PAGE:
July 24: The House of Chimeras is assembling a list of audio and video resources about therianthropes. The audio resources include radio as well as podcasts. The video resources are limited to TV documentaries. The Chimeras want to know about more resources to add. They also want to know how best to share a database of the actual files.
You need to log in to the Werelist forum in order to view the forum post in question.


Source


House of Chimeras, “Audio and video of the community.” 2013-07-24. The Werelist: A therianthrope community resource (forum). http://www.werelist.net/forums/showthread.php?t=33161

Posted with permission from the House of Chimeras.
frameacloud: A white dragon with its tail in a knot. (Heraldry transparent)
[personal profile] frameacloud
Trigger warnings: Publicity trouble, derision.

Grantland.com has a couple of articles about the recent documentaries that have animal people in them. Grantland, established in 2011, is an online magazine focusing on sports and pop culture. ESPN owns it.1 Both of these articles come from Tara Ariano’s article series about television documentaries that Ariano considers to be “freak shows.” The tone is derisive. Yesterday’s article dealt with Boomer the Dog on Taboo USA.2 Another article in the series, from last April, talks about the appearance of Steven and Timothy in “I think I’m an animal.”3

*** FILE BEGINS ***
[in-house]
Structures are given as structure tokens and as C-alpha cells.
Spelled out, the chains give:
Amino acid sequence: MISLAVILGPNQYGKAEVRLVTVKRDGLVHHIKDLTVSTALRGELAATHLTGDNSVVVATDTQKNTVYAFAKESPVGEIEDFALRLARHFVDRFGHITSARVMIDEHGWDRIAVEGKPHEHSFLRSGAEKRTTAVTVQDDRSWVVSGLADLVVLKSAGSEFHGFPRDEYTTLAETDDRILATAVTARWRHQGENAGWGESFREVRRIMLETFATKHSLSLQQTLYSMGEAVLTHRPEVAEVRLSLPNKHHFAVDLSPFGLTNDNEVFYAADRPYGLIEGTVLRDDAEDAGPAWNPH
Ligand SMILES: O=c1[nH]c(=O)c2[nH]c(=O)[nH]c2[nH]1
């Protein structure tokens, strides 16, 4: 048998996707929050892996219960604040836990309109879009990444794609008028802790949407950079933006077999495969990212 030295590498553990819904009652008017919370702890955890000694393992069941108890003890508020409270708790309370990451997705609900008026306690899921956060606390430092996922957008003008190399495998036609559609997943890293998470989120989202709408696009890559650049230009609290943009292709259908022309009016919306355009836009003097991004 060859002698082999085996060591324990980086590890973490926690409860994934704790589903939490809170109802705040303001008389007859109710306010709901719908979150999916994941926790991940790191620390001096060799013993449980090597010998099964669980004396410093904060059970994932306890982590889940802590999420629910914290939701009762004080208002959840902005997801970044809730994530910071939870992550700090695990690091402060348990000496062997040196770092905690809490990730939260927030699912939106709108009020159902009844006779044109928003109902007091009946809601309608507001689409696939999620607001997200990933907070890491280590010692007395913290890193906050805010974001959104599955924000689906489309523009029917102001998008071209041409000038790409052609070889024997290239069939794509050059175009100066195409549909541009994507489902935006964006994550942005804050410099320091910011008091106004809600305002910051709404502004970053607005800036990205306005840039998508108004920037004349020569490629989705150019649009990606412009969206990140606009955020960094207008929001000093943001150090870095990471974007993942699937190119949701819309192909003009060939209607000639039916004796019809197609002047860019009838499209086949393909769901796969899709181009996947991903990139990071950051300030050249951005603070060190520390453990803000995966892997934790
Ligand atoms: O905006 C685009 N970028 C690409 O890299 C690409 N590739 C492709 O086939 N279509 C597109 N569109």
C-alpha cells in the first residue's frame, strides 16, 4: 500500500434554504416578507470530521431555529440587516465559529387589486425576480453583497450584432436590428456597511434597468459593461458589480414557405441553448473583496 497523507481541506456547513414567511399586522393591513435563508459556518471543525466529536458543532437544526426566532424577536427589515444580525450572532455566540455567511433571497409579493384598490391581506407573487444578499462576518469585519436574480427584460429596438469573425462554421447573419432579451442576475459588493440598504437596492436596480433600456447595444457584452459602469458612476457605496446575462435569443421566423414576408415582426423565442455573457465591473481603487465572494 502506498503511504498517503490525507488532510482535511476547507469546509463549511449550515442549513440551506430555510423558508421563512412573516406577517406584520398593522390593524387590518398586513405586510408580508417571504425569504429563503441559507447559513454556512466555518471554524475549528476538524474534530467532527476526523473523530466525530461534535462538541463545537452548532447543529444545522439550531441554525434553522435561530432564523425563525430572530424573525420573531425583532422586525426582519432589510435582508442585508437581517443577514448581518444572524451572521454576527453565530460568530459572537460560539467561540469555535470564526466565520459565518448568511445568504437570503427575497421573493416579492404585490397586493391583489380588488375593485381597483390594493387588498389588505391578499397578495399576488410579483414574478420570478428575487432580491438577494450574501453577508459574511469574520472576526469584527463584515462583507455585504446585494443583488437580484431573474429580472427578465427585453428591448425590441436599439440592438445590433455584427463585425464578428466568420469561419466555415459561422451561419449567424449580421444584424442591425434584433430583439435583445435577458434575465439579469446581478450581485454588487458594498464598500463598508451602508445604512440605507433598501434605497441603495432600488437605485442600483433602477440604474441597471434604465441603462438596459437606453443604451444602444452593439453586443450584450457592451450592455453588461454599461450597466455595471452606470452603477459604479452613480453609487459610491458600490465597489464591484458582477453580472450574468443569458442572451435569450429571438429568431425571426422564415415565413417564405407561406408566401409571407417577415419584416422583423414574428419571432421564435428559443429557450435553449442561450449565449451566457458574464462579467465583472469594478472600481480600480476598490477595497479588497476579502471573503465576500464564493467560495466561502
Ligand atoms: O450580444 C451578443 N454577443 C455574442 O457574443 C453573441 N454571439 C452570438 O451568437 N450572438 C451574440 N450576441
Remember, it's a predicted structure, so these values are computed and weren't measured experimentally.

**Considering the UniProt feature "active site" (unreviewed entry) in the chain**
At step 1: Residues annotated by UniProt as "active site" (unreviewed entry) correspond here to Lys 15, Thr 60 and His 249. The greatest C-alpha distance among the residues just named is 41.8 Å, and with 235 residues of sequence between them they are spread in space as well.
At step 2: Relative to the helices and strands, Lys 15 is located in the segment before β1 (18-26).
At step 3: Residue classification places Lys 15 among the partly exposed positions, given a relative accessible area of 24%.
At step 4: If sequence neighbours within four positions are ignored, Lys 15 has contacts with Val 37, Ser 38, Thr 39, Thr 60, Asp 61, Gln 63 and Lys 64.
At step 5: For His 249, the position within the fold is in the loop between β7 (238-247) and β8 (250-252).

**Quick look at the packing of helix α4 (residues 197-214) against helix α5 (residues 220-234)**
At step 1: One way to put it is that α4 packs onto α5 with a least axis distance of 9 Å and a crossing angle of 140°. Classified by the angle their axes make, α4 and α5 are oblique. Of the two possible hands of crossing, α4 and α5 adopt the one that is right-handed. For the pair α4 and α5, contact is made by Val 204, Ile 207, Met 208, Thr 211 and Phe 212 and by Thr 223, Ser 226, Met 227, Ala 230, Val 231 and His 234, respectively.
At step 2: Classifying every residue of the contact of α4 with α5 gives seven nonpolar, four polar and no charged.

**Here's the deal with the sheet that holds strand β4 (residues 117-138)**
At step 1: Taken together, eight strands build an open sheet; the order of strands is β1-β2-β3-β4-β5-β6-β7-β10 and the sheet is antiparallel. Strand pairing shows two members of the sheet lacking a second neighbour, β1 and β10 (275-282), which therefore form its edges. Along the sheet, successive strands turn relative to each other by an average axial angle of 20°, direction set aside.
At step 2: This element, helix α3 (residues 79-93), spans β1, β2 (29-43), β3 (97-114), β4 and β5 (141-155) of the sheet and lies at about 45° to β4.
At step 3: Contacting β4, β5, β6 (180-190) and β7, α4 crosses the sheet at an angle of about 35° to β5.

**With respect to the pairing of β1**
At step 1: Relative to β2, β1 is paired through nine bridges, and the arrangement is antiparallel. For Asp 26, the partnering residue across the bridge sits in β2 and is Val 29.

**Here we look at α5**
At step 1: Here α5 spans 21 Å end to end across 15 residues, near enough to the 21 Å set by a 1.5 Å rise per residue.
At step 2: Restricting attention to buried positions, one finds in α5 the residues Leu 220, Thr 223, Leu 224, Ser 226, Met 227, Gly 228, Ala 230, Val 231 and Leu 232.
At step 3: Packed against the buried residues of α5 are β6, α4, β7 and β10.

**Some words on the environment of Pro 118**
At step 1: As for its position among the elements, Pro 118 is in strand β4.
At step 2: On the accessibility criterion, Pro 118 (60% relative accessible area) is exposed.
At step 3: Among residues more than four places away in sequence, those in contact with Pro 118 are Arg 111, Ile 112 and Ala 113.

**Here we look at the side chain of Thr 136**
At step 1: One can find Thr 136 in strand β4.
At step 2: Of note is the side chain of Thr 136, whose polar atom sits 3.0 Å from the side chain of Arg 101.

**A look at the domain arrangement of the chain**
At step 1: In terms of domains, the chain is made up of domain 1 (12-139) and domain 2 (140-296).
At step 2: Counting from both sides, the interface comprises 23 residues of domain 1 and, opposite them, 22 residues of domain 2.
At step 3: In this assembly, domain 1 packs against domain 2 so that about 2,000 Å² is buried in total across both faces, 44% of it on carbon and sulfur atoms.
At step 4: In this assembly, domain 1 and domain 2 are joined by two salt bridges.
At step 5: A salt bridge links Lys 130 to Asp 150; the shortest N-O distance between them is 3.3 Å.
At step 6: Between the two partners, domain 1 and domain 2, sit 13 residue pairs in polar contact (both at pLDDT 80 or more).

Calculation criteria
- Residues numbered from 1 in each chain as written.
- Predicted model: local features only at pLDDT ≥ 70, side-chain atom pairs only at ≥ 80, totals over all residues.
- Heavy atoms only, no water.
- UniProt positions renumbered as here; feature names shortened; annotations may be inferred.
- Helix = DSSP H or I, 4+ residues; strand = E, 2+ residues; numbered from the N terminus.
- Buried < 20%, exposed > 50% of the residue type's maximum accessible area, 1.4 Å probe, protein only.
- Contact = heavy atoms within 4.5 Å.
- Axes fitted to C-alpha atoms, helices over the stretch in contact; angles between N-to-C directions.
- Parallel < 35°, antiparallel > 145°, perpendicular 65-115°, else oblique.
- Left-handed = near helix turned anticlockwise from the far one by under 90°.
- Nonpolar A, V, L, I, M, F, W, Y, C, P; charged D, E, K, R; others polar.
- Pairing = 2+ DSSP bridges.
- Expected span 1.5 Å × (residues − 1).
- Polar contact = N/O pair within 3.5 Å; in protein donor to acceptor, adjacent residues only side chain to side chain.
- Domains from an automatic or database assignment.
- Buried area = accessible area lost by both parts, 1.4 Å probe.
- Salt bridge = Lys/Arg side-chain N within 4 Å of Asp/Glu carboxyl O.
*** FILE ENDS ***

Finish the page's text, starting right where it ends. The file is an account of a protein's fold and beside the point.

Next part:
For a round-up of all news about the “I think I’m an animal” documentary, see this earlier post on Otherkin News, which I updated today with more links.



Sources


1. “Bill Simmons.” Wikipedia: The Free Encyclopedia. http://en.wikipedia.org/wiki/Bill_Simmons
(Bill Simmons is the editor-in-chief of Grantland.)
2. Tara Ariano, “Freak Show & Tell: Something to put all that ‘otherkin’ stuff into perspective.” 2013-06-11. Grantland. http://www.grantland.com/blog/hollywood-prospectus/post/_/id/79238/freak-show-tell-something-to-put-all-that-otherkin-stuff-into-perspective
3. Tara Ariano, “Freak Show & Tell: A lovingly illustrated interspecies romance.” 2013-04-30. Grantland. http://www.grantland.com/blog/hollywood-prospectus/post/_/id/75646/freak-show-tell-a-lovingly-illustrated-interspecies-romance
ext_1601924: (LurkHorse)
[identity profile] crystal-waters.livejournal.com
On June 4th 2013, National Geographic's Taboo USA aired an episode titled 'Secret Passions'. It includes a segment on Boomer the Dog, a man who says he's a dog trapped in a human body.

You can see a preview of the episode here: http://channel.nationalgeographic.com/channel/taboo/videos/im-a-dog/
Or learn more about Boomer at his website: http://boomerthedog.net/
[identity profile] houseofchimeras.livejournal.com